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Joseph Cornell

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Published on May 11, 2013

Joseph Cornell (December 24, 1903 -- December 29, 1972) was an American artist and sculptor, one of the pioneers and most celebrated exponents of assemblage. Influenced by the Surrealists, he was also an avant-garde experimental filmmaker.
Joseph Cornell was born in Nyack, New York, to Joseph Cornell, a well-to-do designer and merchant of textiles, and Helen TenBroeck Storms Cornell, who had trained as a kindergarten teacher. The Cornells had four children: Joseph, Elizabeth (b. 1905), Helen (b. 1906), and Robert (b. 1910). Both parents came from socially prominent families of Dutch ancestry, long-established in New York State. Cornell's father died in 1917, leaving the family in straitened circumstances. Following the elder Cornell's death, his wife and children moved to the borough of Queens in New York City. Cornell attended Phillips Academy in Andover, Massachusetts, in the class of 1921, although he did not graduate. Except for the three and a half years he spent at Phillips, he lived for most of his life in a small, wooden-frame house on Utopia Parkway in a working-class area of Flushing, along with his mother and his brother Robert, whom cerebral palsy had rendered physically challenged.
Cornell's most characteristic art works were boxed assemblages created from found objects. These are simple boxes, usually fronted with a glass pane, in which he arranged surprising collections of photographs or Victorian bric-à-brac, in a way that combines the formal austerity of Constructivism with the lively fantasy of Surrealism. Many of his boxes, such as the famous Medici Slot Machine boxes, are interactive and are meant to be handled. Like Kurt Schwitters, Cornell could create poetry from the commonplace. Unlike Schwitters, however, he was fascinated not by refuse, garbage, and the discarded, but by fragments of once beautiful and precious objects he found on his frequent trips to the bookshops and thrift stores of New York.His boxes relied on the Surrealist technique of irrational juxtaposition, and on the evocation of nostalgia, for their appeal. Cornell never regarded himself as a Surrealist; although he admired the work and technique of Surrealists like Max Ernst and René Magritte, he disavowed the Surrealists' "black magic," claiming that he only wished to make white magic with his art. Cornell's fame as the leading American "Surrealist" allowed him to befriend several members of the Surrealist movement when they settled in the USA during the Second World War. Later he was claimed as a herald of pop art and installation art.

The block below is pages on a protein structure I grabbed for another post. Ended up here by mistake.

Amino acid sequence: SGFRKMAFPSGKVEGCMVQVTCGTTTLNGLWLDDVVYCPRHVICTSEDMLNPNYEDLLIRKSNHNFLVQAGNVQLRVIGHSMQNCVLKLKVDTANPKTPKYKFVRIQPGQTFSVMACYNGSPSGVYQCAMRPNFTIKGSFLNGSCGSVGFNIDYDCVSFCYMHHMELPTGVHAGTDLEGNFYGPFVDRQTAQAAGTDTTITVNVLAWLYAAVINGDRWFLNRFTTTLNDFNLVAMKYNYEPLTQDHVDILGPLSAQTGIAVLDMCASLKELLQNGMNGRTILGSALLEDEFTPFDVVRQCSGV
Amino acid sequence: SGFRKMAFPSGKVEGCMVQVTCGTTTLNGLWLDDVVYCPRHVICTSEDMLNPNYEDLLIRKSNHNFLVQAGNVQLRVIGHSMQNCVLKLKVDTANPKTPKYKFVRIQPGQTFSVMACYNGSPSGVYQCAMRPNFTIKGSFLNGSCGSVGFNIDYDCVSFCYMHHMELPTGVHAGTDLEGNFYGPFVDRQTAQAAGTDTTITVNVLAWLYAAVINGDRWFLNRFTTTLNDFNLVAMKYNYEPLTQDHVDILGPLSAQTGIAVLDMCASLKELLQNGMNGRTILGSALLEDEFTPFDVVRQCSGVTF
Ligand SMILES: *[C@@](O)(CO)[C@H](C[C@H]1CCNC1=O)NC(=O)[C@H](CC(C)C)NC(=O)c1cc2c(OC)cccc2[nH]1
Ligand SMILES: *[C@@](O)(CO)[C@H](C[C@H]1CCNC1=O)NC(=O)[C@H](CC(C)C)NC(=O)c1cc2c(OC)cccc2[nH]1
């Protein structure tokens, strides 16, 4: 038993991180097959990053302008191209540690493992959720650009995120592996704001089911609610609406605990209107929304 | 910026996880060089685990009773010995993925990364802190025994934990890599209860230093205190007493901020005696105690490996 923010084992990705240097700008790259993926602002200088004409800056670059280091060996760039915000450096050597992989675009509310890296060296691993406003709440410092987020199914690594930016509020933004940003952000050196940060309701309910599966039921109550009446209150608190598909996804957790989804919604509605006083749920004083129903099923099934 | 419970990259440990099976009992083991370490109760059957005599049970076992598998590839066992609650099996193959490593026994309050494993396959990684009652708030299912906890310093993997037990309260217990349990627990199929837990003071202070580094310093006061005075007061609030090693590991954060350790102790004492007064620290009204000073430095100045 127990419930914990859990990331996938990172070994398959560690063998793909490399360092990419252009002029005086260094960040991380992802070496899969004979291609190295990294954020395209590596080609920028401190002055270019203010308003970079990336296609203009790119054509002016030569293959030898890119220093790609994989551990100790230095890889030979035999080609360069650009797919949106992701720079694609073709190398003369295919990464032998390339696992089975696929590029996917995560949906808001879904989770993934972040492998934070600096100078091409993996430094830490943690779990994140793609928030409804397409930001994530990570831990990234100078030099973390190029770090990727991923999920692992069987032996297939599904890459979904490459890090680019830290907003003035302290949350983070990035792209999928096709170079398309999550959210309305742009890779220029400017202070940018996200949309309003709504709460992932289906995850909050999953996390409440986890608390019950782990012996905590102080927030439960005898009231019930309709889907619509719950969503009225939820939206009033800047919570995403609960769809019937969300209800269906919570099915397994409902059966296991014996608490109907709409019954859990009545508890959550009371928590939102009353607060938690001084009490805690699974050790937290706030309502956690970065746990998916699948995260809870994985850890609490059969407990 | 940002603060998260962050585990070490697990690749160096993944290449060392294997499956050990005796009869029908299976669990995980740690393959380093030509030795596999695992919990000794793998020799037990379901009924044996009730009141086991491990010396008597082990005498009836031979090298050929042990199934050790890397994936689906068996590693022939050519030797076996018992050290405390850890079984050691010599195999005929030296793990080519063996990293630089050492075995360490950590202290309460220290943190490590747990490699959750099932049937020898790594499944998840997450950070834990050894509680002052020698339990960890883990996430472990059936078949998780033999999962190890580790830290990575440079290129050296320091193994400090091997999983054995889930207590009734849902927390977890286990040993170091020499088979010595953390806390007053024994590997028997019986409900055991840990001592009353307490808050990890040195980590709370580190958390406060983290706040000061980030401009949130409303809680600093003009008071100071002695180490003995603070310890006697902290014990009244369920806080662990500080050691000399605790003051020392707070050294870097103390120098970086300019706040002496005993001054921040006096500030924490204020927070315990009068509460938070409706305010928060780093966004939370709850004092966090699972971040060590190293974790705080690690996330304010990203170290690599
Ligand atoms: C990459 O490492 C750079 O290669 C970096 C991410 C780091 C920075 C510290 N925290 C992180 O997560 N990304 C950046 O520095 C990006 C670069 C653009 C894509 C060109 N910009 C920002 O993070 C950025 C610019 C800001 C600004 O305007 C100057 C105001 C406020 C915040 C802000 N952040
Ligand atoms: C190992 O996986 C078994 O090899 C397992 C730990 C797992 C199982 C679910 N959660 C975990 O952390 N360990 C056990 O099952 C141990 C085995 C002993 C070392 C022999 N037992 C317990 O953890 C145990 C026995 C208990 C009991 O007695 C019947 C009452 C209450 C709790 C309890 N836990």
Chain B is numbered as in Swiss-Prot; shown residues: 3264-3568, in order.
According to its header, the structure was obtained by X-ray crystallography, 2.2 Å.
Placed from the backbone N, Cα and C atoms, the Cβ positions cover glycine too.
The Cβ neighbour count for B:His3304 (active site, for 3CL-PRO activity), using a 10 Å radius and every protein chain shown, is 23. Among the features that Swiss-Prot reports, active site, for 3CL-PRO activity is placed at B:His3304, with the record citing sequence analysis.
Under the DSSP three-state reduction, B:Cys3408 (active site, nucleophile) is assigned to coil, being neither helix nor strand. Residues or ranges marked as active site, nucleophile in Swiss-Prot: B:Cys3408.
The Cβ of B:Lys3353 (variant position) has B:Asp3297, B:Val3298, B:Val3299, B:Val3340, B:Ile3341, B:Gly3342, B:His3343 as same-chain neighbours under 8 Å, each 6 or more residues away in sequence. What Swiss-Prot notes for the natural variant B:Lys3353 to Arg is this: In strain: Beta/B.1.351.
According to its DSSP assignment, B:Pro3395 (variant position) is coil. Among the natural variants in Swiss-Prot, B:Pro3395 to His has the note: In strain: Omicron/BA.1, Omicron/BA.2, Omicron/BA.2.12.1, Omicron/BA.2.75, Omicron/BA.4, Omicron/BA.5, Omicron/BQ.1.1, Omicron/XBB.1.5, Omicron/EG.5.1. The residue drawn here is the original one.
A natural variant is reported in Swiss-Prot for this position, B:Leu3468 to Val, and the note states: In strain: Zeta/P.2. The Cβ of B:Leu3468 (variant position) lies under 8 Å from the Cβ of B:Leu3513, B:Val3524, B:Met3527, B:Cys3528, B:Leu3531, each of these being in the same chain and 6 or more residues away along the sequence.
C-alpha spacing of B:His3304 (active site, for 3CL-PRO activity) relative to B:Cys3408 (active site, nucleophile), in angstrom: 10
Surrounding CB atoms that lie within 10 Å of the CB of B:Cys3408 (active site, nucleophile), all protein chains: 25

Cornell often made series of boxed assemblages that reflected his various interests: the Soap Bubble Sets, the Medici Slot Machine series, the Pink Palace series, the Hotel series, the Observatory series, and the Space Object Boxes, among others. Also captivated with birds, Cornell created an Aviary series of boxes, in which colorful images of various birds were mounted on wood, cut out, & set against harsh white backgrounds.

In addition to creating boxes and flat collages and making short art films, Cornell also kept a filing system of over 160 visual-documentary "dossiers" on themes that interested him; the dossiers served as repositories from which Cornell drew material and inspiration for boxes like his "penny arcade" portrait of Lauren Bacall. He had no formal training in art, although he was extremely well read and was conversant with the New York art scene from the 1940s through to the 1960s.

Cornell was heavily influenced by the American Transcendentalists, Hollywood starlets (to whom he sent boxes he had dedicated to them), the French Symbolists such as Stéphane Mallarmé and Gérard de Nerval, and great dancers of the 19th century ballet such as Marie Taglioni and Fanny Cerrito.

Christian Science belief and practice informed Cornell's art deeply, as art historian Sandra Leonard Starr has shown.

Joseph Cornell's 1936 found-film montage Rose Hobart was made entirely from splicing together existing film stock that Cornell had found in New Jersey warehouses, mostly derived from a 1931 'B' film entitled East of Borneo. Cornell would play Nestor Amaral's record, 'Holiday in Brazil' during its rare screenings, as well as projecting the film through a deep blue glass or filter, giving the film a dreamlike effect. Focusing mainly on the gestures and expressions made by Rose Hobart (the original film's starlet), this dreamscape of Cornell's seems to exist in a kind of suspension until the film's most arresting sequence toward the end, when footage of a solar eclipse is juxtaposed with a white ball falling into a pool of water in slow motion.
[from Wikipedia]
(Re-upload due to audio muted in my previous video)

Music by:Steve Roach
http://www.steveroach.com/

  • Category

  • Song

    • In the Eye of Noche
  • Artist

    • Steve Roach & Sam Rosenthal
  • Album

    • New Life Dreaming
  • Licensed to YouTube by

    • Koch Entertainment (on behalf of Timeroom Editions), and 2 Music Rights Societies

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